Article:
Several teenage girls in a Maine high school have come under fire recently for calling to attention a state law that allows students to opt out of saying the Pledge of Allegiance.
At South Portland High School, Senior Class President Lily SanGiovanni would often lead her fellow students in the pledge. However, trouble started when she began to add the words "if you'd like to" prefacing the oath.
According to SanGiovanni, Senior Class Vice President Morrigan Turner, and their friend Gaby Ferrell, they began to seriously think about the issue when a few teachers started to make students feel "uncomfortable for not conforming," according to Yahoo News.
Upon further independent research, the trio discovered that Maine state law only requires schools to allow students the opportunity to say the Pledge of Allegiance and "may not require a student to recite" it.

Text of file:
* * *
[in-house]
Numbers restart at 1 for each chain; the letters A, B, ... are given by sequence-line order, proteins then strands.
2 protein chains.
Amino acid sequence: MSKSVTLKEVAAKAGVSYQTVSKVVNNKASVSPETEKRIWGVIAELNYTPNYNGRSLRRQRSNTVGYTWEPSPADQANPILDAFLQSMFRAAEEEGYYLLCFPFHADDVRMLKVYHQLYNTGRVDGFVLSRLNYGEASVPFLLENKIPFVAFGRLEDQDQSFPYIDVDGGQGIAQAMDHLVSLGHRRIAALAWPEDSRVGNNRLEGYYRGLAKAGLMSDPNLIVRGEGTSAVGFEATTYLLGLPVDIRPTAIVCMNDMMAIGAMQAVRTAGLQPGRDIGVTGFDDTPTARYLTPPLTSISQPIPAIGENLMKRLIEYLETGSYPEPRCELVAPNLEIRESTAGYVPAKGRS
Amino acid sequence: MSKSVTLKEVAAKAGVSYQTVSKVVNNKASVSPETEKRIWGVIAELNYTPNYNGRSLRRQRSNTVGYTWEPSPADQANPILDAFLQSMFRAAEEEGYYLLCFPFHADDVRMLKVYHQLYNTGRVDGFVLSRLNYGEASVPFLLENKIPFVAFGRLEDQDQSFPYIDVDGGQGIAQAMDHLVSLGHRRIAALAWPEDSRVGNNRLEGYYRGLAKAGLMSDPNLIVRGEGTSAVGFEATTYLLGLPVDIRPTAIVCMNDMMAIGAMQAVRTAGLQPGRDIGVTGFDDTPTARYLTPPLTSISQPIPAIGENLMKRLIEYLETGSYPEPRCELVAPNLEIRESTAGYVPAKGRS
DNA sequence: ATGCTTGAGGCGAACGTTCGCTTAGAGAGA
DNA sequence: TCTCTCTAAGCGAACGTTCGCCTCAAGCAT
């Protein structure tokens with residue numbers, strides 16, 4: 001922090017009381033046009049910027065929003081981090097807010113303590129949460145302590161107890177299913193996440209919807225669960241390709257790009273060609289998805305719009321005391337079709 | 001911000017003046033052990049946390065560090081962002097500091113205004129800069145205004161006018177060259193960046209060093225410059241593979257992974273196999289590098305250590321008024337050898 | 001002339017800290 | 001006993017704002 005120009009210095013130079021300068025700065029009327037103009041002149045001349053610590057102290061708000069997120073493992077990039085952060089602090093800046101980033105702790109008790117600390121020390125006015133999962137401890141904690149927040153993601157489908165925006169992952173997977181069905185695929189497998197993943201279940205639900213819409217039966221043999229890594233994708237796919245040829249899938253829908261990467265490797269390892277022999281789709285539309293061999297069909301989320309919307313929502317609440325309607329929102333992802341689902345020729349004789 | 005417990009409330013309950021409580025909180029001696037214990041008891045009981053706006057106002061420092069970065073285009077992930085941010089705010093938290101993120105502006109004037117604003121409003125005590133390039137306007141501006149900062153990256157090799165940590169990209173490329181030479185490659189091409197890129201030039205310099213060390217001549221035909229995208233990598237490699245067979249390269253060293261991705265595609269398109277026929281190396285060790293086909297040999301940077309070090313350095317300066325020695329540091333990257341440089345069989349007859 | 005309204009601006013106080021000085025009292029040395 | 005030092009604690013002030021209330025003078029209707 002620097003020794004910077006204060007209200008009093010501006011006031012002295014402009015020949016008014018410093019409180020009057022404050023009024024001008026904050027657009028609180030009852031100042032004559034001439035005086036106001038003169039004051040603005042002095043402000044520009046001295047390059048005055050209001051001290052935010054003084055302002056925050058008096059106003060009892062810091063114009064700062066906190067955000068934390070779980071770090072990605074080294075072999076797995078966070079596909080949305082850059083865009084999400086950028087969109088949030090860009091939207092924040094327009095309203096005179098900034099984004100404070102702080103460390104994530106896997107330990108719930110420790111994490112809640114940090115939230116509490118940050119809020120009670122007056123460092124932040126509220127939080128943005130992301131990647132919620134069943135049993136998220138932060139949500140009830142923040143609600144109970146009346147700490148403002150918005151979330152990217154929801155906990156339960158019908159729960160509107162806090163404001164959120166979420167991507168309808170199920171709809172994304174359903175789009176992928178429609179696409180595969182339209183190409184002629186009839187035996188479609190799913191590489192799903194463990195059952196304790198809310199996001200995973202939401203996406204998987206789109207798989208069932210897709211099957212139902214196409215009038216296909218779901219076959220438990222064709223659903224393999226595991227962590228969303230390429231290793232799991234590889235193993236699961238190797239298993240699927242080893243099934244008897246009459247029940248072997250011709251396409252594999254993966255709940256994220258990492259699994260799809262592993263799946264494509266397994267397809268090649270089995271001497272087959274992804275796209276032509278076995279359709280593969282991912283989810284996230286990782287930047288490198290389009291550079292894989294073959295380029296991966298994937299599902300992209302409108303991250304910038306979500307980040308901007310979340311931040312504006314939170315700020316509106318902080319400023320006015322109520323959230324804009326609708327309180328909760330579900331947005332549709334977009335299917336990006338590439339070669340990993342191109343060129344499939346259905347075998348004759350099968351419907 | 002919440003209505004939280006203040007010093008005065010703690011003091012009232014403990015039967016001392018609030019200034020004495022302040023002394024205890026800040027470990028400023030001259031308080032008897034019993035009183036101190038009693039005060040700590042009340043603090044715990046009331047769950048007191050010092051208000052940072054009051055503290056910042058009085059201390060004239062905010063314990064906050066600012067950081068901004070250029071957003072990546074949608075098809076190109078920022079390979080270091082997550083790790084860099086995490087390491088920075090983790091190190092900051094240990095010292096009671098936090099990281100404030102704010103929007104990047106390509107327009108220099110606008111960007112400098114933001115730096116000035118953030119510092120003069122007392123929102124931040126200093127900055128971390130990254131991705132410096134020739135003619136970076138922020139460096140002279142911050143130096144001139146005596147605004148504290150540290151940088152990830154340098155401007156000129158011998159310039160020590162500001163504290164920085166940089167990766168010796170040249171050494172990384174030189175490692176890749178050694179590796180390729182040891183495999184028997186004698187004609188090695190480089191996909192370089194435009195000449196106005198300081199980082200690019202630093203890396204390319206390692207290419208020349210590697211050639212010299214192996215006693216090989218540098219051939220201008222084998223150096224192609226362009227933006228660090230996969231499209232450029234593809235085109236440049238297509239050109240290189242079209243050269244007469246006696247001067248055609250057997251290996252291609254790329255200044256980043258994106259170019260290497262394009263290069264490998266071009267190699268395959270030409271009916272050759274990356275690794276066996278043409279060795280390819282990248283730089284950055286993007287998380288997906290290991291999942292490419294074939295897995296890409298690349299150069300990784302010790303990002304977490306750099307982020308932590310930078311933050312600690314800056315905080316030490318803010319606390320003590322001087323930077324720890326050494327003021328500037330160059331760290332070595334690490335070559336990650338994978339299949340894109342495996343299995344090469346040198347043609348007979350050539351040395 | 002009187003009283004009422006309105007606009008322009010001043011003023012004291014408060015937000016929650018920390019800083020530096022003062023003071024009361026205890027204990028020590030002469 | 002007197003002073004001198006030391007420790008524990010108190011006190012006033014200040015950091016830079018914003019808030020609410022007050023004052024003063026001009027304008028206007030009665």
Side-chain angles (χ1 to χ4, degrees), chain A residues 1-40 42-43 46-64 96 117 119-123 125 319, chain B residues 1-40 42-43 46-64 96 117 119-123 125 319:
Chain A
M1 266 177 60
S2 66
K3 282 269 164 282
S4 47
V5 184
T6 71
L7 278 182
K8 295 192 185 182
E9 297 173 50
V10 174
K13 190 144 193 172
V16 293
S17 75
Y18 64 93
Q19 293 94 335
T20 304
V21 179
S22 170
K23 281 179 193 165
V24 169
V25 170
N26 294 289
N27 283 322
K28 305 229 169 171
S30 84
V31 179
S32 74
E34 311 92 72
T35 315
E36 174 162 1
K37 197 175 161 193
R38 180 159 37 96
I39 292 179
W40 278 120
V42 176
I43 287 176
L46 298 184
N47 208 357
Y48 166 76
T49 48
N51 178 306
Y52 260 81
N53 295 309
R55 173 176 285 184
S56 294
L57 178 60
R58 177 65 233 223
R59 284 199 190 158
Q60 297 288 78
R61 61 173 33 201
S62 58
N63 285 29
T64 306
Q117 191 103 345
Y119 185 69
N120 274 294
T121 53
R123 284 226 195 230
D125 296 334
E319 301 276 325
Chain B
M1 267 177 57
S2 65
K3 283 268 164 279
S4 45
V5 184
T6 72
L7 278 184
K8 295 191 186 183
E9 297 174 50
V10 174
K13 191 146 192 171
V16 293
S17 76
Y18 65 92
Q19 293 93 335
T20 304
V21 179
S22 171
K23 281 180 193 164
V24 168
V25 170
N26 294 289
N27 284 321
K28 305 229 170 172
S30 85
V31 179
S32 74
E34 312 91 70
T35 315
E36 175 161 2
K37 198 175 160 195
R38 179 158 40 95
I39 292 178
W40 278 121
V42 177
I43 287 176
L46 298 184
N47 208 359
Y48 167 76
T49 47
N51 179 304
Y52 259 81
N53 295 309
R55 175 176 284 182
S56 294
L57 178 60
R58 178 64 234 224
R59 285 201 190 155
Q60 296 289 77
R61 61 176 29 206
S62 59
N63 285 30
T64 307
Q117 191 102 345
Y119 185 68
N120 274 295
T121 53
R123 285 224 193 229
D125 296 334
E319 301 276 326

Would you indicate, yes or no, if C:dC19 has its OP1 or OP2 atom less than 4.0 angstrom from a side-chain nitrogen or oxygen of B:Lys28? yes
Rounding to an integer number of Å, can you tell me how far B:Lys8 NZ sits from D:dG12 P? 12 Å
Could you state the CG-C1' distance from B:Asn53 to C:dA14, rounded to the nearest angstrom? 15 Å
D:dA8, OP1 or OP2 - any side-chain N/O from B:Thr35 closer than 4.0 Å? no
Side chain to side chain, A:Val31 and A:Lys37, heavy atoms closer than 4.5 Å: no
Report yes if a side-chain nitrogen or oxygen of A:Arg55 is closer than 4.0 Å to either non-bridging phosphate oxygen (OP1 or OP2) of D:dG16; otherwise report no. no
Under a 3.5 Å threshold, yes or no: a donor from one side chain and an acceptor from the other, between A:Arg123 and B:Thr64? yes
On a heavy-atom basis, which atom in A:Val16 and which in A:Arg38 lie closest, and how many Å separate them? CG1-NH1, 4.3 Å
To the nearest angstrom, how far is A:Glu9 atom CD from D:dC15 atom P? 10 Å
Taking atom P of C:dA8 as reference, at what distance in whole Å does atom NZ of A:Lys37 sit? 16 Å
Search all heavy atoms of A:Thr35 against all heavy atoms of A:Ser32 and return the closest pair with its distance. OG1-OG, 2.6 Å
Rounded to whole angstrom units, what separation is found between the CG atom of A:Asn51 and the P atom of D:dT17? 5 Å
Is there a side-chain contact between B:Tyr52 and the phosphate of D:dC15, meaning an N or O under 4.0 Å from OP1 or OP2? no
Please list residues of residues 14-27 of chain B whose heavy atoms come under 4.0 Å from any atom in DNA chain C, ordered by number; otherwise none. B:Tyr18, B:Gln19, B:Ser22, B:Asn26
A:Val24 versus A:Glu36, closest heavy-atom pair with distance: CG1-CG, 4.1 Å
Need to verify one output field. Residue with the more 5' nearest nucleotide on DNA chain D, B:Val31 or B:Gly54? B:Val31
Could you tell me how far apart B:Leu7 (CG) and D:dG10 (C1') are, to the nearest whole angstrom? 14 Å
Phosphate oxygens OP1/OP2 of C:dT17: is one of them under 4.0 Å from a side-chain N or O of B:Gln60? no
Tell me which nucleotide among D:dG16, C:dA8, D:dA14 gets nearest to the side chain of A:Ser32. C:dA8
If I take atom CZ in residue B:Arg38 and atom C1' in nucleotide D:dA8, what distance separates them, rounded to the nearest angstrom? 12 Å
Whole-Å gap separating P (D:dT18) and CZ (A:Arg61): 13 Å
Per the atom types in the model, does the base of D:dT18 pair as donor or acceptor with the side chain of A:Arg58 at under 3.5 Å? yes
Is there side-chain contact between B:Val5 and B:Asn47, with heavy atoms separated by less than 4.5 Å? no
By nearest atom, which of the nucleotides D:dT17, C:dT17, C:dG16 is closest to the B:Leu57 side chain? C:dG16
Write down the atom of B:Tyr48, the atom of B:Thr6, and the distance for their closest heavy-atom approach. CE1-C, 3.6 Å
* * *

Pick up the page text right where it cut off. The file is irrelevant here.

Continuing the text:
Speaking to local station WCSH, SanGiovanni recognized how the oath might not mean as much for others as it does for some students in the school.
"We are not doing this because we hate America or anything," she told reporters. "We are really doing this because we understand there are people who choose to say the pledge and it means a lot to them and for others it doesn't."
Despite their good intentions, the young ladies have received backlash for their decision.
Taking to social media to voice their concerns, the critics of the move have been lambasting the girls and sending emails to the school in order to air out their grievances.
"There were some people saying we should go to Syria and Russia or Afghanistan and that will change us," Turner told reporters. "It's really hard to hear that coming from your community."
Despite the efforts of the girls, the principal at the school requested that SanGiovanni stop saying "if you'd like to" due to school procedure.
"From the high school's perspective, this is a procedure issue. I don't have an issue with the girls," Principal Ryan Caron told Yahoo News. For now, the teens are planning to present their issue to the school board in order to continue saying those words, Caron said.
"The fact that I was asked to take away the 'if you would like to' I felt like they were asking me to take away the law," SanGiovanni said.
Source: Yahoo News Photo Credit: Wikimedia Commons